Did the Last Quarter Finally Bring Growth Back?

A blog about business and economics.
Dec. 20 2013 2:28 PM

Did the Last Quarter Finally Bring Growth Back?

The Bureau of Economic Analysis released its latest revision to third quarter gross domestic product numbers and the news is ... really good. It says that the economy's nominal output rose 6.2 percent in the third quarter and that 4.8 of those percentage points were real output.

If true, this is three kinds of good news. The first is that nominal output growth of above 5 percent is the kind of "catch-up" demand that the country needs after a prolonged funk. The second kind of good news is that in the context of that kind of rapid nominal growth, the low inflation number (and therefore the high real growth number) is great news that the economy still has lots of running room. Our workers and our capital goods haven't become useless, there simply hasn't been enough demand for their output. The third piece of good news is that while the previous revision to this figure was basically just a big bump in inventories, today's revision was about final demand so it means the growth is sustainable.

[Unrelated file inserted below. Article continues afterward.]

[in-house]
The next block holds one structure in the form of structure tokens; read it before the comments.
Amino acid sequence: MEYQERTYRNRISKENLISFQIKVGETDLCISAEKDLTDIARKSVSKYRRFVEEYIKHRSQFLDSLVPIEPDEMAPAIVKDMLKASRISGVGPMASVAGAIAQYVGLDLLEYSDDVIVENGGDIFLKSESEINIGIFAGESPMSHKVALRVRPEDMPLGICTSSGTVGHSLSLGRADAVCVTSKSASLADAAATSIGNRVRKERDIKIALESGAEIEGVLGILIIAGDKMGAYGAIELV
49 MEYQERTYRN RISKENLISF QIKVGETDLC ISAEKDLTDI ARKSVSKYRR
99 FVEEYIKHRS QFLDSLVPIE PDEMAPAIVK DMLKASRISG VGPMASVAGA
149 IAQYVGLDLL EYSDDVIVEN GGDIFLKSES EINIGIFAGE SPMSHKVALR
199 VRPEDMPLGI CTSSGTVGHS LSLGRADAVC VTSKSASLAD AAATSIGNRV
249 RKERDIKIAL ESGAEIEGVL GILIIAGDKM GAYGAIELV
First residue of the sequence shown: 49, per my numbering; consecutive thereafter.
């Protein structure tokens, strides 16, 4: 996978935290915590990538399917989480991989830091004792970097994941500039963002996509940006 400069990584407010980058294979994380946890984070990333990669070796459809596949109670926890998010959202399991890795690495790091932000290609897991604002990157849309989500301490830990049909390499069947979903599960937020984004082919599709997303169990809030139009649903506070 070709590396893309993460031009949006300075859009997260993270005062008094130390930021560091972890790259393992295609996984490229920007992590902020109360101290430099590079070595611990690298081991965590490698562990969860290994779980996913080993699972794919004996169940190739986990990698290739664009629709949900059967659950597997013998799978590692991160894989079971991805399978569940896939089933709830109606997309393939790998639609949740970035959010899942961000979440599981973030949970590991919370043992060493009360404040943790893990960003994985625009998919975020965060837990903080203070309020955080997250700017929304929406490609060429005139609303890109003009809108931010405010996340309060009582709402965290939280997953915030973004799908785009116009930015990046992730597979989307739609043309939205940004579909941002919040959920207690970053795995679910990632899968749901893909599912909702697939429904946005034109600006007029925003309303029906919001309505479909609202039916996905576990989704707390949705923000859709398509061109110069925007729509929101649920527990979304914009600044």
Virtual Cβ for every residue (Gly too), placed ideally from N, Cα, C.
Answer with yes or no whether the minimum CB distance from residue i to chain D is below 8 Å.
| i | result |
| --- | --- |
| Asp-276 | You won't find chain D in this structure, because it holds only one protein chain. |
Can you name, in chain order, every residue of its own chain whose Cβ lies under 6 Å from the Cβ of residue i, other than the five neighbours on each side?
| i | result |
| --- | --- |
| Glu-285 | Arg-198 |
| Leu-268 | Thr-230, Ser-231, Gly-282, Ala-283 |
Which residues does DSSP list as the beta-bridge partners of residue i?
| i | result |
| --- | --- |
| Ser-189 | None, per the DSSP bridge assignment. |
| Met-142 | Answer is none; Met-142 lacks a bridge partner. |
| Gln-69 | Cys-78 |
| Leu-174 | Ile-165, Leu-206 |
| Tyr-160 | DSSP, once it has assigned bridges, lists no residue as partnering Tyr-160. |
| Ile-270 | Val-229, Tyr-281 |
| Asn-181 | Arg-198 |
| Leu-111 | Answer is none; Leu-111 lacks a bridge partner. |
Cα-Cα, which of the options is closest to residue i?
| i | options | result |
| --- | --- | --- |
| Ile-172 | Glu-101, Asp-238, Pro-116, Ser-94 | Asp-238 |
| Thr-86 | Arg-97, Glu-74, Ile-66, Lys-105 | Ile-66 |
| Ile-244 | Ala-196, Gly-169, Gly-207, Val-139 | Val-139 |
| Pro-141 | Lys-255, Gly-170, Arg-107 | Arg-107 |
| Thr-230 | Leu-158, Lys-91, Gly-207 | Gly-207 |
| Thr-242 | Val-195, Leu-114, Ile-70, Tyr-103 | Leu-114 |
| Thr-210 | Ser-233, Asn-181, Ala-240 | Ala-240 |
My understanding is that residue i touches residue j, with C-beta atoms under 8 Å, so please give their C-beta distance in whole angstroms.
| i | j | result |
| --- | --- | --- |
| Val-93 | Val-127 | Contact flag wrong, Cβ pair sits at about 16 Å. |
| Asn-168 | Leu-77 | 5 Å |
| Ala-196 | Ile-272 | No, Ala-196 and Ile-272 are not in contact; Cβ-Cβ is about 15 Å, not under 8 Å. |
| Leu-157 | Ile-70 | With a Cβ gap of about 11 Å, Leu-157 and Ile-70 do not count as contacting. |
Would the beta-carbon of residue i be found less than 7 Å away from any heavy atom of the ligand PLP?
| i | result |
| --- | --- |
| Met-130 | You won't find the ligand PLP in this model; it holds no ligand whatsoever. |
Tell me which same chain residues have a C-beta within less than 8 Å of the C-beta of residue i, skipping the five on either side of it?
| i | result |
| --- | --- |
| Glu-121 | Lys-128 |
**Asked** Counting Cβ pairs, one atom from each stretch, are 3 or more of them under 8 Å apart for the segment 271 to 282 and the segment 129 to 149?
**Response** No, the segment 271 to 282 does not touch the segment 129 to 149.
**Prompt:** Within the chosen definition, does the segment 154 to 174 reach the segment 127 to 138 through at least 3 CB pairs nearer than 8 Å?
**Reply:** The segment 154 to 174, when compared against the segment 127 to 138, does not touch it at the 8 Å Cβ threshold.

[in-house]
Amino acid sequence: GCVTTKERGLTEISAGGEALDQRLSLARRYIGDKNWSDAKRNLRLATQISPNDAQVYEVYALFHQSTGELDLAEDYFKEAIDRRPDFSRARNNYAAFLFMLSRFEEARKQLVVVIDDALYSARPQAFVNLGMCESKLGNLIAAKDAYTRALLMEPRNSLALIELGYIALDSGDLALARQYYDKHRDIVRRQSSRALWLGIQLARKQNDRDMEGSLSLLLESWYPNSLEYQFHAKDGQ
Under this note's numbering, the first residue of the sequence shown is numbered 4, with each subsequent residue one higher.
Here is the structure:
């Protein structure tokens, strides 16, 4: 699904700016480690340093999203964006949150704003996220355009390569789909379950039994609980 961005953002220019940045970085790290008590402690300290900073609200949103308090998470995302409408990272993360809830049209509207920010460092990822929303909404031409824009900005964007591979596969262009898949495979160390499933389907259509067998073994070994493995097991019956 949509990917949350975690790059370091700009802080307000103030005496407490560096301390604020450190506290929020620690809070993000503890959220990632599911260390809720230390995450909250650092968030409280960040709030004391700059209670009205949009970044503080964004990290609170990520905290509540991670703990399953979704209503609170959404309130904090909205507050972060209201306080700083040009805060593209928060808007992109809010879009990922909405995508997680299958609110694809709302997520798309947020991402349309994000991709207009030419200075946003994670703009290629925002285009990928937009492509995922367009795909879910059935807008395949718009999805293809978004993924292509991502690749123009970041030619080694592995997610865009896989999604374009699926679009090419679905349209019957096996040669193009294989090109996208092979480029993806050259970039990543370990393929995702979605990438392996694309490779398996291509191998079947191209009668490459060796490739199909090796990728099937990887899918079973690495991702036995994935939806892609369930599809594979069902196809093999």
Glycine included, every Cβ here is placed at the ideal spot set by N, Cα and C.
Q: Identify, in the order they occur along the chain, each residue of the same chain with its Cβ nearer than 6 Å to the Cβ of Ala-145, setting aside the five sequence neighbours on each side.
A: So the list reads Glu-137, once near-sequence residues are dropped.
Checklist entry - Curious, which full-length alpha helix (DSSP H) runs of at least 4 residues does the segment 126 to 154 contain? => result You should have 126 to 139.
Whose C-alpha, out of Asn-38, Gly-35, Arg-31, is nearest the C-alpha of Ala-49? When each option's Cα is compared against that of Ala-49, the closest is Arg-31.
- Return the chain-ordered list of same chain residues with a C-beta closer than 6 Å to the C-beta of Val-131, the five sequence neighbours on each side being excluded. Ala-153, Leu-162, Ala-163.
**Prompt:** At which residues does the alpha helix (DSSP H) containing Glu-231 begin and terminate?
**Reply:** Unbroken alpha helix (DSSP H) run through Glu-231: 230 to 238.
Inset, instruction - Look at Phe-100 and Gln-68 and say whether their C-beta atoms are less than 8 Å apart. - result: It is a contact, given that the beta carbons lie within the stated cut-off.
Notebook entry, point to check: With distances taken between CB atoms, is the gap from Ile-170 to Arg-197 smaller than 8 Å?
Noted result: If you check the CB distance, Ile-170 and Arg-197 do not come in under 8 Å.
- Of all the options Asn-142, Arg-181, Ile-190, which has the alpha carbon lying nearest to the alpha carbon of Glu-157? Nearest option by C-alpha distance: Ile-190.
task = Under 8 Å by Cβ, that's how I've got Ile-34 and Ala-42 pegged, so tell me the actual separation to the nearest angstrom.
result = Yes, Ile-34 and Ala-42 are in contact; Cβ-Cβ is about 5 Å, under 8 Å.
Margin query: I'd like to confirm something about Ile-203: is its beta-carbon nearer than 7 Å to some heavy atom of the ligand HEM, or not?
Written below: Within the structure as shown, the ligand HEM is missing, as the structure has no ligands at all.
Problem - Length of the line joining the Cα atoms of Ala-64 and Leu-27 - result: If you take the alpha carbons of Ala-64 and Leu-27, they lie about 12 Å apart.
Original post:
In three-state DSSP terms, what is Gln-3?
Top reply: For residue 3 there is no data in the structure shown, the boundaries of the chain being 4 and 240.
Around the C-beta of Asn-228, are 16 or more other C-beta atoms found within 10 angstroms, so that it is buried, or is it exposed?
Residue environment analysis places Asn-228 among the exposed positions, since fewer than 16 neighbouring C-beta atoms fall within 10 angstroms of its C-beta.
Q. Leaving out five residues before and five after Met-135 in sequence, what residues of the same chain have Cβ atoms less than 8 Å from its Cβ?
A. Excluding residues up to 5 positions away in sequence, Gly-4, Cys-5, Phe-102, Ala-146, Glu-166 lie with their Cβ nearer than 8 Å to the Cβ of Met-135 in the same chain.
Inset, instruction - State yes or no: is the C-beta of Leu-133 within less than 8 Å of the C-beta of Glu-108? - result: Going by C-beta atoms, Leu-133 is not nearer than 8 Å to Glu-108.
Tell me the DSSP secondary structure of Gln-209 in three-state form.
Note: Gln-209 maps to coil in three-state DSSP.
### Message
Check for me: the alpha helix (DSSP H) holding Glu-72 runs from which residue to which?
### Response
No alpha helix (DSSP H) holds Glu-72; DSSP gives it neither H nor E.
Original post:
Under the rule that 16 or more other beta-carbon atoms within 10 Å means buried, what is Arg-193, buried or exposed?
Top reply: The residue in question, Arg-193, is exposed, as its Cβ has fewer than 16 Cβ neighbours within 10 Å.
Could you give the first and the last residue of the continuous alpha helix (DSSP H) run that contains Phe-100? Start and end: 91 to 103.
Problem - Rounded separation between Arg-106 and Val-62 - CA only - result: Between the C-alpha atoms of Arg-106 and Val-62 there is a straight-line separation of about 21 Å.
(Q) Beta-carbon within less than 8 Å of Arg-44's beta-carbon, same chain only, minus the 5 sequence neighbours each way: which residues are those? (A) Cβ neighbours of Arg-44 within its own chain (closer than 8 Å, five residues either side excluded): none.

The bad news is ... I'm not entirely persuaded this data is correct. Real gross domestic income, which longtime national accounting fans will recall is an alternative way of estimating the same quantity that RGDP is supposed to measure, rose by a fairly anemic 1.8 percent.


Given enough time, GDP and GDI estimates usually converge ,which is good because GDP=GDI by definition. And in recent years the convergence has usually taken the form of meeting closer to the GDI number than to the GDP number. So this could all be a kind of statistical mirage. I'd say Barack Obama's sagging poll numbers are also an indication that the more pessimistic GDI estimate may be the more accurate one. The conventional wisdom says it's all about the healthcare.gov mishaps, but we all remember from Bill Clinton's second term that robust economic growth leads to a lot of forgiveness. I tend to think that if the economy were really accelerating, we'd see indication of that in a brighter public mood.

Matthew Yglesias is the executive editor of Vox and author of The Rent Is Too Damn High.


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